Sea level will continue to rise long after the CO2 and temperature peaks pass. The change will be too slow for people to observe directly, but over time it will progressively inundate thickly settled coastal regions.Then a long, gradual global cooling recovery will begin to haul the waters back from the land. But that initial retreat will be incomplete, because so much land-based ice will have melted and drained into the oceans. At some time in the deep future, the sea surface will come to rest as much as 230 feet (70 m) above today’s level, having been trapped at a new set point that reflects the intensity and duration of the melting. Only after many additional millennia of cooling and glacial reconstruction will the oceans reposition themselves close to where they lie now.
We have prevented the next ice age. The ebb and flow of natural climatic cycles suggests that we should be due for another glaciation inabout 50,000 years. Or rather, we used to be. Thanks to the longevity of our green house gas pollution, the next major freeze-up won’t arrive until our lingering carbon vapors thin out enough, perhaps 130,000 years from now,and possibly much later. The sustained influence of our actions today on the immensely distant future adds an important new component to the ethics of carbon pollution. If we consider only the next few centuries in isolation, then human-driven climate change may be mostly negative. But what if we look ahead to the rest of the story? On the scales of environmental justice, how do several centuries of imminent and decidedly unwelcome change stack up against many future millennia that could be rescued from ice age devastation?
You and I are living in a pivotal moment of history, what some have called a “carbon crisis”— a crucial and decisive turning point in which our thoughts and actions are of unusually great importance for the longterm future of the world. But all is not yet lost, and climate change is not on the list of deadly dangers to most humans; as I will explain later, Homo sapiens will almost certainly be here to experience the environmental effects of the Anthropocene from start to finish. And that’s only fitting, seeing as we’re the ones who launched this new epoch in the first place.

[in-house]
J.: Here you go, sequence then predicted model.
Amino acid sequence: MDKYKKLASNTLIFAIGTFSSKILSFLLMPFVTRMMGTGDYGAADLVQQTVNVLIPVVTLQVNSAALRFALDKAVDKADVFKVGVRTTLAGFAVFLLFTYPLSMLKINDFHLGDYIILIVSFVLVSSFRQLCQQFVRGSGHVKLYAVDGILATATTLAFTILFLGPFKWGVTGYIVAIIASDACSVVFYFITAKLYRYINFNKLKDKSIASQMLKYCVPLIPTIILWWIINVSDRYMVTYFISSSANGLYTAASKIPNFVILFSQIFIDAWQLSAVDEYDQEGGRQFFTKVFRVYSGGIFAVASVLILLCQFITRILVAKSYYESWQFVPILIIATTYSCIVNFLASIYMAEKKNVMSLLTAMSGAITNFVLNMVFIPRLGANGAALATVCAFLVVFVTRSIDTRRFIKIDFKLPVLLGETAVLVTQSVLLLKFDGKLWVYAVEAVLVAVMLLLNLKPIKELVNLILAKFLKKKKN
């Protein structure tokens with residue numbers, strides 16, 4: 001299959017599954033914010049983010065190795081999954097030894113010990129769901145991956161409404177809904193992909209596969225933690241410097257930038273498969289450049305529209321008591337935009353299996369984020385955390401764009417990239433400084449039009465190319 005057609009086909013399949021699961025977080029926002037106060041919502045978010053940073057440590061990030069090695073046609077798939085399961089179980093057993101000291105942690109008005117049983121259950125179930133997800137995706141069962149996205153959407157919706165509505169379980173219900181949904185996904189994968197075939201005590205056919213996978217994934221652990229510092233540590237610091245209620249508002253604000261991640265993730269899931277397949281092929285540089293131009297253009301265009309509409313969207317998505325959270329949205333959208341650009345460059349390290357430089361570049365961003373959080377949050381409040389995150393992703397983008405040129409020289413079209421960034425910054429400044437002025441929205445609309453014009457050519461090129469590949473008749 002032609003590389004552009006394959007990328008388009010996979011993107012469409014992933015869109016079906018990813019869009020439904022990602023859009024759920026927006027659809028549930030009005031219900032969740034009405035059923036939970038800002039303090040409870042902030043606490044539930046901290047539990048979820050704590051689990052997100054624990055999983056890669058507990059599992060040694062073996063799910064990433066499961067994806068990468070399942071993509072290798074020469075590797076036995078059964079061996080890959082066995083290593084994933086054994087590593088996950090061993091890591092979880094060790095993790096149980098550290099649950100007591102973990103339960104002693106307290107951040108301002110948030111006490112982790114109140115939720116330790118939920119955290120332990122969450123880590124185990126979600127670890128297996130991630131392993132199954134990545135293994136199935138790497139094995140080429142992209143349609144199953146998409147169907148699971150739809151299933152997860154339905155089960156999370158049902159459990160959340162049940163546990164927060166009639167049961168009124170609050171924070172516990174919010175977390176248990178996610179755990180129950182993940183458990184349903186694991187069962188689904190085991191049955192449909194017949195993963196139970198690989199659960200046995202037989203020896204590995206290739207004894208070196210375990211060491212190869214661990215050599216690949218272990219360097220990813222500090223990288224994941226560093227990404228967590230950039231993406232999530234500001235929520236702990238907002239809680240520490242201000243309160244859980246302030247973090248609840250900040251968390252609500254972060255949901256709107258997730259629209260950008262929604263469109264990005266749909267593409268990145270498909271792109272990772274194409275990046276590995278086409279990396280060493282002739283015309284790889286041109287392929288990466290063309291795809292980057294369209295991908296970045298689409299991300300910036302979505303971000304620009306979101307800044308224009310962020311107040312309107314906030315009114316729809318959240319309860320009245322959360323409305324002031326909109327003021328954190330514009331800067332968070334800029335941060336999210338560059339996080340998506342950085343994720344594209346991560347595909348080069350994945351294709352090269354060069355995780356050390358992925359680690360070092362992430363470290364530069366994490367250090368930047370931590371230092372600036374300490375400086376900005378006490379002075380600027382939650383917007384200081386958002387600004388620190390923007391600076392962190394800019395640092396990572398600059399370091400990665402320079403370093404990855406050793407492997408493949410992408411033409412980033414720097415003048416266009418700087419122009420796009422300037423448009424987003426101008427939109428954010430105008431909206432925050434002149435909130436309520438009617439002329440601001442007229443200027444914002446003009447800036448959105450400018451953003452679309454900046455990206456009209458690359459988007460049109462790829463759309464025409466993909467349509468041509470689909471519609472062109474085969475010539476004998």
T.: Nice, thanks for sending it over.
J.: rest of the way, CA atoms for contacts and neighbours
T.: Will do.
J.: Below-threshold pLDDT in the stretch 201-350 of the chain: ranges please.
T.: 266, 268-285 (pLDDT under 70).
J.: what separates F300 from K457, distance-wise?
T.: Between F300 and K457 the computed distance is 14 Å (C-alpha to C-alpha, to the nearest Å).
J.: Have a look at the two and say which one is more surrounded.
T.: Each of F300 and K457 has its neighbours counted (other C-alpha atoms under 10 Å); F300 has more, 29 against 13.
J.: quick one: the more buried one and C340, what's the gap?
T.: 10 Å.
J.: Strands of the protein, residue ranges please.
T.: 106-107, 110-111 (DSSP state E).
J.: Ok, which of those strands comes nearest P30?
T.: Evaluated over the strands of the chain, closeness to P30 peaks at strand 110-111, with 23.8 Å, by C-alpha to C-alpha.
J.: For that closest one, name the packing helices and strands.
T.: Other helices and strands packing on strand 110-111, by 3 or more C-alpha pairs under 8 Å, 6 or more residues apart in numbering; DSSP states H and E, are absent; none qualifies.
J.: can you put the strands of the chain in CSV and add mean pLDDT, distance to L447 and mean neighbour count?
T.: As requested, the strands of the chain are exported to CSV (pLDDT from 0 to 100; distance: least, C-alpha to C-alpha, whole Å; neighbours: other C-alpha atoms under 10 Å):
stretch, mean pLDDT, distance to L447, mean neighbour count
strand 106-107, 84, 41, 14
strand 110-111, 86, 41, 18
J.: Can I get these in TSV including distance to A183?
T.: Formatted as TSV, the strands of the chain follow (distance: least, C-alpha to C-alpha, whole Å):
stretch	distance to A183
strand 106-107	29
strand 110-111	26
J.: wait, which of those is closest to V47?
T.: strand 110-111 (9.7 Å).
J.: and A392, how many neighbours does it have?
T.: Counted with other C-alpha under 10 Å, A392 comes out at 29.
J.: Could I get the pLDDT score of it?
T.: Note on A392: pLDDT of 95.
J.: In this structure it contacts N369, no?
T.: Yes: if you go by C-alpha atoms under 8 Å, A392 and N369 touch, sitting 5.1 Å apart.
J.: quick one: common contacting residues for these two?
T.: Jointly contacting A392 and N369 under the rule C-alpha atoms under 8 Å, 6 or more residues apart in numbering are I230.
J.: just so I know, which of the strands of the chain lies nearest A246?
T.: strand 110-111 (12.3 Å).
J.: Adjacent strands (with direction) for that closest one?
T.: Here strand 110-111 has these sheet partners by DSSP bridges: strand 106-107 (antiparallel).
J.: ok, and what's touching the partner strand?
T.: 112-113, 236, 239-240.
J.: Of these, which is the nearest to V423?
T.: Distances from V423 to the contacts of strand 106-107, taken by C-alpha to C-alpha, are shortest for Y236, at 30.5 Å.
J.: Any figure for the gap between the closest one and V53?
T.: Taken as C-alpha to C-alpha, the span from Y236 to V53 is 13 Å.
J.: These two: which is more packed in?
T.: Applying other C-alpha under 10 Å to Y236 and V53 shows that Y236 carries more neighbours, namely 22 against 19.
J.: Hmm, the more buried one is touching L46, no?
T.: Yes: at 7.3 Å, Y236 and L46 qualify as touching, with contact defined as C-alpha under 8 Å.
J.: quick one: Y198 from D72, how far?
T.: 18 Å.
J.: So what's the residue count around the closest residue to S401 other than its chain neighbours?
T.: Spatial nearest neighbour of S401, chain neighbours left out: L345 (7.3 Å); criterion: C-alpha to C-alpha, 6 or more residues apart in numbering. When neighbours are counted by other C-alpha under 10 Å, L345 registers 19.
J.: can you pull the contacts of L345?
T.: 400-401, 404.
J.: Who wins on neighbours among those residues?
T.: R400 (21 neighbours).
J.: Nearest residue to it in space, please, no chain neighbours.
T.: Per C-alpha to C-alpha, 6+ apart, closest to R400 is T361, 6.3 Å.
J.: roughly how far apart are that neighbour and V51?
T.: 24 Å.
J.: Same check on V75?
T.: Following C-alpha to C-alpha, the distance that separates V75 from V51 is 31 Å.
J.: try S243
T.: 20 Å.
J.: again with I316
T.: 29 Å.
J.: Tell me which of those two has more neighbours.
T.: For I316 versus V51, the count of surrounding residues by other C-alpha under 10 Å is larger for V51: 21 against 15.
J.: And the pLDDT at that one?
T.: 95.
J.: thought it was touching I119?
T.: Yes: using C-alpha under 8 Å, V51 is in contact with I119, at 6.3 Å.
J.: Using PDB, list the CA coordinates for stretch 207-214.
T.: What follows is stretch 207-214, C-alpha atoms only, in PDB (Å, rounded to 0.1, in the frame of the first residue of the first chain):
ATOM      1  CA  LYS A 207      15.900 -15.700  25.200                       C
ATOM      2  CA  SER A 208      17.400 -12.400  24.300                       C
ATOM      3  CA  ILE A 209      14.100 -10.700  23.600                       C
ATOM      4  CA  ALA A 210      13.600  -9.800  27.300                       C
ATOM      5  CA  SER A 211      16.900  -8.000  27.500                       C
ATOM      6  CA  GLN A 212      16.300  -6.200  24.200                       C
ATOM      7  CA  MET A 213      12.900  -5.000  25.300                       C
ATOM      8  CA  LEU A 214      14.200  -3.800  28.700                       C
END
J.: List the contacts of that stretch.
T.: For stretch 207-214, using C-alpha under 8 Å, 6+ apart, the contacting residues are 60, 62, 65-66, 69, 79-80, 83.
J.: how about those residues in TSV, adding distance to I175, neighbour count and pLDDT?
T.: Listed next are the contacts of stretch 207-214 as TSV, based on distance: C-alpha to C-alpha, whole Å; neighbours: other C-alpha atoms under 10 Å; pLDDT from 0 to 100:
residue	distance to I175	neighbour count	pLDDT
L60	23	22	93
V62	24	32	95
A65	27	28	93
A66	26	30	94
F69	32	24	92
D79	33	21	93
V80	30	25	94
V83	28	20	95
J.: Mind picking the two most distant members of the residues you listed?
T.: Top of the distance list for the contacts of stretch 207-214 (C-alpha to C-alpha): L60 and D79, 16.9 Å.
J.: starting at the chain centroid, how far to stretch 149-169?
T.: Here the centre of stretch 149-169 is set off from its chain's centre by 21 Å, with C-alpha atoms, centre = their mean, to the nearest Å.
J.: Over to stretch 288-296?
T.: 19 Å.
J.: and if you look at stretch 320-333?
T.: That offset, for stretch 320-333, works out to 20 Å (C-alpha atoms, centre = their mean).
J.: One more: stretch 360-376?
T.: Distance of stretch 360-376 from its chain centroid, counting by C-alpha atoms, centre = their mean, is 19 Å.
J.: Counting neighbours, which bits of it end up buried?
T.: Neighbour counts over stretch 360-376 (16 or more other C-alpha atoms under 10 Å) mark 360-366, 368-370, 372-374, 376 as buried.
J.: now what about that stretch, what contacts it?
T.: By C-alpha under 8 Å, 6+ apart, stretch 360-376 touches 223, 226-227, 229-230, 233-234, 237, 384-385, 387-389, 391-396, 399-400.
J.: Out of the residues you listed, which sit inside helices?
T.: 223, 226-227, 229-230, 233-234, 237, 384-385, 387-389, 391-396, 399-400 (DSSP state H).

But why, then, should we care enough about the distant futureeven to finish reading about it on these pages? The reason is simple. Although humans will survive as a species, we are faced today with the responsibility of determining the climatic future that our descendants will live in. It may well be a struggle to hold our carbon pollution to a minimum,but failing to take the heroic path and control our collective behavior is likely to drag us and our descendants into a realm of extreme warming, sea-level rise, and ocean acidification the likes of which haven’t been seen on Earth for millions of years. And the outlook for most nonhumans is far more worrisome than it is for our own kind. Severe environmental changes have happened before, even without our influence in themix, but the situation that we and our fellow species now face is unique in the history of this ancient planet.
So welcome to this glimpse of our deep future. Welcome to the Anthropocene.
From Deep Future by Curt Stager. Copyright © 2011 by the author and reprinted by permission of Thomas Dunne Books, an imprint of St. Martin’s Press, LLC